Last month, the owners of Stuyvesant Town, Tishman Speyer Properties and BlackRock, said they will turn over the buildings to lenders after a missed debt payment.
The two bought the 11,000 apartments at the top of the real estate market in 2006, hoping to turn out tenants in rent-regulated flats and morph the units into luxury housing. But they were caught into the market downturn and legal troubles.
"We think that Stuyvesant Town is a problem that needs to be solved and we think that Richard's management group is the ideal solution to it," Ross said.
LeFrak's group already owns and operates around 23,000 apartments in the New York metropolitan area, of which 11,000 are rent-regulated, he explained, adding "and they're not looking at it as a flip to try to suddenly convert it to luxury apartments."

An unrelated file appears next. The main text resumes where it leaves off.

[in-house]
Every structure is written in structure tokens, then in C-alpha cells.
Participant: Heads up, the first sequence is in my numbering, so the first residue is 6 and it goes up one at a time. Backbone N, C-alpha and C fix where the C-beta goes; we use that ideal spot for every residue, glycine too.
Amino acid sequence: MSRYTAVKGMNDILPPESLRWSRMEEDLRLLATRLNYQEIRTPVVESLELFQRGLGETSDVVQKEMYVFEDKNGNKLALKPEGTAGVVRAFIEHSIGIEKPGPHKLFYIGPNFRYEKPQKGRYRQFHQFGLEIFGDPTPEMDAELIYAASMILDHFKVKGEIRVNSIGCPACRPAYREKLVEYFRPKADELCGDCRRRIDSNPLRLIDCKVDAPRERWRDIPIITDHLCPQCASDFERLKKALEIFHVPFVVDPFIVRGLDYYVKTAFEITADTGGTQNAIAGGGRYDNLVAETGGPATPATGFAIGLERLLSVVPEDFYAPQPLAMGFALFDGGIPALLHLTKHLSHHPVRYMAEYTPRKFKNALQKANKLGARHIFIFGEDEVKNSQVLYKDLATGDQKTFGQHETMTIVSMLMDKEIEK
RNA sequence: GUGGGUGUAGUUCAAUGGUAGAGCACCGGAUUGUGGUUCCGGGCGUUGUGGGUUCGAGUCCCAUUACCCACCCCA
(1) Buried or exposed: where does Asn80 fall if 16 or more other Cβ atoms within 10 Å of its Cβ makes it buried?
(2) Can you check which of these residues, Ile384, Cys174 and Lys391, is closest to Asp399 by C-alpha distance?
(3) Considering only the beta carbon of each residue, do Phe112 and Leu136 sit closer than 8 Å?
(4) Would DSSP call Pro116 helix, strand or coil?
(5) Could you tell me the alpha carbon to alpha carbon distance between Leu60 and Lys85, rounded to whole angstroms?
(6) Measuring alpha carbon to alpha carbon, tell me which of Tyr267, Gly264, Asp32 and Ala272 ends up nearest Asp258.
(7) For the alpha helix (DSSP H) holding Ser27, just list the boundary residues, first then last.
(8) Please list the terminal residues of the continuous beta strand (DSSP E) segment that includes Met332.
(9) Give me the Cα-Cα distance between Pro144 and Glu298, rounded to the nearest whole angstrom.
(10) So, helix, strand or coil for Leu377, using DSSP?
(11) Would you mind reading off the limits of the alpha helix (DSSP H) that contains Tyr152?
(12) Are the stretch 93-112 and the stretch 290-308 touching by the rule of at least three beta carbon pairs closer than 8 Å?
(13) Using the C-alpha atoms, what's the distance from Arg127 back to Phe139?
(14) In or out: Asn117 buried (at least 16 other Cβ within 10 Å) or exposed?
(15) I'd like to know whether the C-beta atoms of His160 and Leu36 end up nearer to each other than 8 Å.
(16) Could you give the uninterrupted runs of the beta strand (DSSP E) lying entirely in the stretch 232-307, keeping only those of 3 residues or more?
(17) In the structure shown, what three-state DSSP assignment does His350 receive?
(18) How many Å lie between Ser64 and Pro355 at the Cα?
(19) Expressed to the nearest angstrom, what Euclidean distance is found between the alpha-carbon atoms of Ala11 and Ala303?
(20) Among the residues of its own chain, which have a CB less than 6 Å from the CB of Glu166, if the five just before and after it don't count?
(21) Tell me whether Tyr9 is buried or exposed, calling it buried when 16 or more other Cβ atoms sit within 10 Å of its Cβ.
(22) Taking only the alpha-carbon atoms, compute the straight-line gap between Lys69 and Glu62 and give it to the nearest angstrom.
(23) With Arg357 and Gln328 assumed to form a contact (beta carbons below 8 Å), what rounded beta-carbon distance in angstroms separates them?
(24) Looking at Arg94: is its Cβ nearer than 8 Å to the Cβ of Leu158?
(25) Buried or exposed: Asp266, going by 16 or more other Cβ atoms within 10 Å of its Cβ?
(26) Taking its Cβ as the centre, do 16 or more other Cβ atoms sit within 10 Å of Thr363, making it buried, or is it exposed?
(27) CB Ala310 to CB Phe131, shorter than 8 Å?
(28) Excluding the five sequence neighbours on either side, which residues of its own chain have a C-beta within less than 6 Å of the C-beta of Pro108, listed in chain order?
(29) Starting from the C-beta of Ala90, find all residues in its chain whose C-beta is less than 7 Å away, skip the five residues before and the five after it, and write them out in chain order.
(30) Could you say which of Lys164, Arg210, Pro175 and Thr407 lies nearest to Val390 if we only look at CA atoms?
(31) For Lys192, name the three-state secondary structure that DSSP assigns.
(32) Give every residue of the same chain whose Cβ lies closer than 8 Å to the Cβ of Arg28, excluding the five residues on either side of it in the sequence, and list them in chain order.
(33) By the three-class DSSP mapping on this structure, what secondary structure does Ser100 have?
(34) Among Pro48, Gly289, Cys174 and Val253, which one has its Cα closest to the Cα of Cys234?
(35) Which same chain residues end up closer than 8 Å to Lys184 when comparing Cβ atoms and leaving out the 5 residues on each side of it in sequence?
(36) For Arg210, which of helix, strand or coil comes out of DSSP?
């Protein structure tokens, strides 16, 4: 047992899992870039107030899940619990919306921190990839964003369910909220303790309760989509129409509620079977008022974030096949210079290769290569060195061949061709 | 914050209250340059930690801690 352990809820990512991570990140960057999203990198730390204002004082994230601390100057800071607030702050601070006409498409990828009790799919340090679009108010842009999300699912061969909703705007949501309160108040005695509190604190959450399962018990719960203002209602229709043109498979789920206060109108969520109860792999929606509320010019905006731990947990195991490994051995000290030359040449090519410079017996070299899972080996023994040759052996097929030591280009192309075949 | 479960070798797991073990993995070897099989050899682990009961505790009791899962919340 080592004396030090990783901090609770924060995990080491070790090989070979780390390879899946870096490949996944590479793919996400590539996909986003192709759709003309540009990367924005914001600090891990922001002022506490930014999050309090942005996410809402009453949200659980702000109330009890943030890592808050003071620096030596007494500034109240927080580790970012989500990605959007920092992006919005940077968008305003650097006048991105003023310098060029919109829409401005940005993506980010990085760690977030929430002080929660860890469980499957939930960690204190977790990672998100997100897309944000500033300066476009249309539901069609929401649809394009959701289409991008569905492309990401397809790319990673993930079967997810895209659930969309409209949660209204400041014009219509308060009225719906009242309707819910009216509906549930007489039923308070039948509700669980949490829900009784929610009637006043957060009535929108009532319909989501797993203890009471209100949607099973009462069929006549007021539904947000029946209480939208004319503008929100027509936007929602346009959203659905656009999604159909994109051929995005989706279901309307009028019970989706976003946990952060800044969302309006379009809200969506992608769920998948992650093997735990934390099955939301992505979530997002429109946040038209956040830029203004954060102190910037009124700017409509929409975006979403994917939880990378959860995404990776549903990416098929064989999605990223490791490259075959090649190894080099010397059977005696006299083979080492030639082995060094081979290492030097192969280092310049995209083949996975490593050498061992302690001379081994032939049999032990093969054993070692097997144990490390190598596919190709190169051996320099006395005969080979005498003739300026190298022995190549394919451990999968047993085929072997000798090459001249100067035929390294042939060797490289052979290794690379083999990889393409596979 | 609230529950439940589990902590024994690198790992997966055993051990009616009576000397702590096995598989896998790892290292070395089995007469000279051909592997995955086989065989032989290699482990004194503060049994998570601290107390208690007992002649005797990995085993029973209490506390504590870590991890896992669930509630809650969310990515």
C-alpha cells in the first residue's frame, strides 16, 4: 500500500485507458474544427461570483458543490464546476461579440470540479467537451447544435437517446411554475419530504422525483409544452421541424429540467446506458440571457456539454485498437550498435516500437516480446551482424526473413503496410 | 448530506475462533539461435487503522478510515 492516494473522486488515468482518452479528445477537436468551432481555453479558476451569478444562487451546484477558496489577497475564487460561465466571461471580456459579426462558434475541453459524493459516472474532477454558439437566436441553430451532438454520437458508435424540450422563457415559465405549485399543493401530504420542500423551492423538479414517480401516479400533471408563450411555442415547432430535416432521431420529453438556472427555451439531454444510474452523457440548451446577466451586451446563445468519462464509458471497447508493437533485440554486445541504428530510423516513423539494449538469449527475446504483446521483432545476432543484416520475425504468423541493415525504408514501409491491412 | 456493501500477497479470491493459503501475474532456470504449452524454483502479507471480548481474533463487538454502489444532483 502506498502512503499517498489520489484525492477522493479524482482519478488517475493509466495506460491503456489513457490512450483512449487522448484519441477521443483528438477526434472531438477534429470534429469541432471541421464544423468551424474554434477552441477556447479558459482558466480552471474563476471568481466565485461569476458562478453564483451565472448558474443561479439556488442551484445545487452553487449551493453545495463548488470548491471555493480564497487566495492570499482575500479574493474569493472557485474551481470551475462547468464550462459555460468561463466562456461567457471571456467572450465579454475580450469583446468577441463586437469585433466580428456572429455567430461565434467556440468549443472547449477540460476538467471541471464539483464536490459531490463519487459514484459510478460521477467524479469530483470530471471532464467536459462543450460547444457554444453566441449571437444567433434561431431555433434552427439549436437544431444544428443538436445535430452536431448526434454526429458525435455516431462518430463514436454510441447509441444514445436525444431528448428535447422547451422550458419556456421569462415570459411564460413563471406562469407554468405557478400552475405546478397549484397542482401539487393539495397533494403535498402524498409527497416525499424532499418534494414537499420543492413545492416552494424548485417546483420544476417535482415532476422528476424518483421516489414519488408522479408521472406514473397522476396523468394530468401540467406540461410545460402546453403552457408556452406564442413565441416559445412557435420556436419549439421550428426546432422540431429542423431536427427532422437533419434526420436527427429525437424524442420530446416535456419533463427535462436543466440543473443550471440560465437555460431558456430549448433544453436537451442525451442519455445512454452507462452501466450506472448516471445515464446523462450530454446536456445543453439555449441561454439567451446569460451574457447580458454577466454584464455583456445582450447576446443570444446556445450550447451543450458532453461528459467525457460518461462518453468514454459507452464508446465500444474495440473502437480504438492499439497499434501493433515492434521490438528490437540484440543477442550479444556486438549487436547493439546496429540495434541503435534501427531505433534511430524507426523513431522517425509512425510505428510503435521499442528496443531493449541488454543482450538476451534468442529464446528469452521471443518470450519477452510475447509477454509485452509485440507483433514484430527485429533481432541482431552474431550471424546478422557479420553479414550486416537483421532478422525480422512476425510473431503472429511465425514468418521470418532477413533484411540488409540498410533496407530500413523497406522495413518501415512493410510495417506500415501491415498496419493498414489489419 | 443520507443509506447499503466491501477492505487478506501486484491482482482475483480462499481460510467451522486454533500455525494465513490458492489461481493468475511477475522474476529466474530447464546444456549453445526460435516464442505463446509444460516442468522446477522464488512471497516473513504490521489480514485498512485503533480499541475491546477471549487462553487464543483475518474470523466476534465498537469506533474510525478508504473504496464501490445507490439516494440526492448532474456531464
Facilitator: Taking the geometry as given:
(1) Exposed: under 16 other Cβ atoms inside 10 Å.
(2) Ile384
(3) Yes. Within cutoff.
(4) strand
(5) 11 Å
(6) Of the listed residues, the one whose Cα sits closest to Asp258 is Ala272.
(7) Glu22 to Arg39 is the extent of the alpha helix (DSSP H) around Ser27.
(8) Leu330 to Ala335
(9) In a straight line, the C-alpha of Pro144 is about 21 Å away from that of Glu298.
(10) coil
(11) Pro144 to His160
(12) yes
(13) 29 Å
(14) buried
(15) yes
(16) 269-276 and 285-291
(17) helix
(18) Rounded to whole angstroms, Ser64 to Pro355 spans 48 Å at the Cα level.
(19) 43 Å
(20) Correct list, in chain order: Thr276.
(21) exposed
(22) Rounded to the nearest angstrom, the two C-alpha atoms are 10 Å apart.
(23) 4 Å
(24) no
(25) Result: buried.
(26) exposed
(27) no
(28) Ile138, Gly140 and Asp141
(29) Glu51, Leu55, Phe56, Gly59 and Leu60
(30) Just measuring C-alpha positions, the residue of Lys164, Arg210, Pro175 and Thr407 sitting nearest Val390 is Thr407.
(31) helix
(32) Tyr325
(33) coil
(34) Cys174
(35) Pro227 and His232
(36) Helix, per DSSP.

Stuyvesant Town was built in 1945 to house veterans from World War II at affordable prices and rents are subject to tight regulation.
Ross said it was "a misguided notion" to convert a stronghold of middle class New York into a luxury area and that many bidders may steer clear because it takes expertise to deal with such complex issues.
On Friday, the New York Post reported that Donald Trump may be interested to buy or manage the complex.
"I saw Donald Saturday in Florida and he says he's not interested although they've been begging him to come in," Ross said.
Trump did not immediately respond to CNBC.com's request for comment.
Dealing with the bondholders is an "immensely complicated" problem, because there are 11 tiers of mezzanine debt spread around a half-dozen securitizations, Ross said.
Mezzanine debt is a form of hybrid debt that includes options such as stock call options, rights and warrants and can be used to finance deals and buyouts. It is usually considered closer to stock than to debt.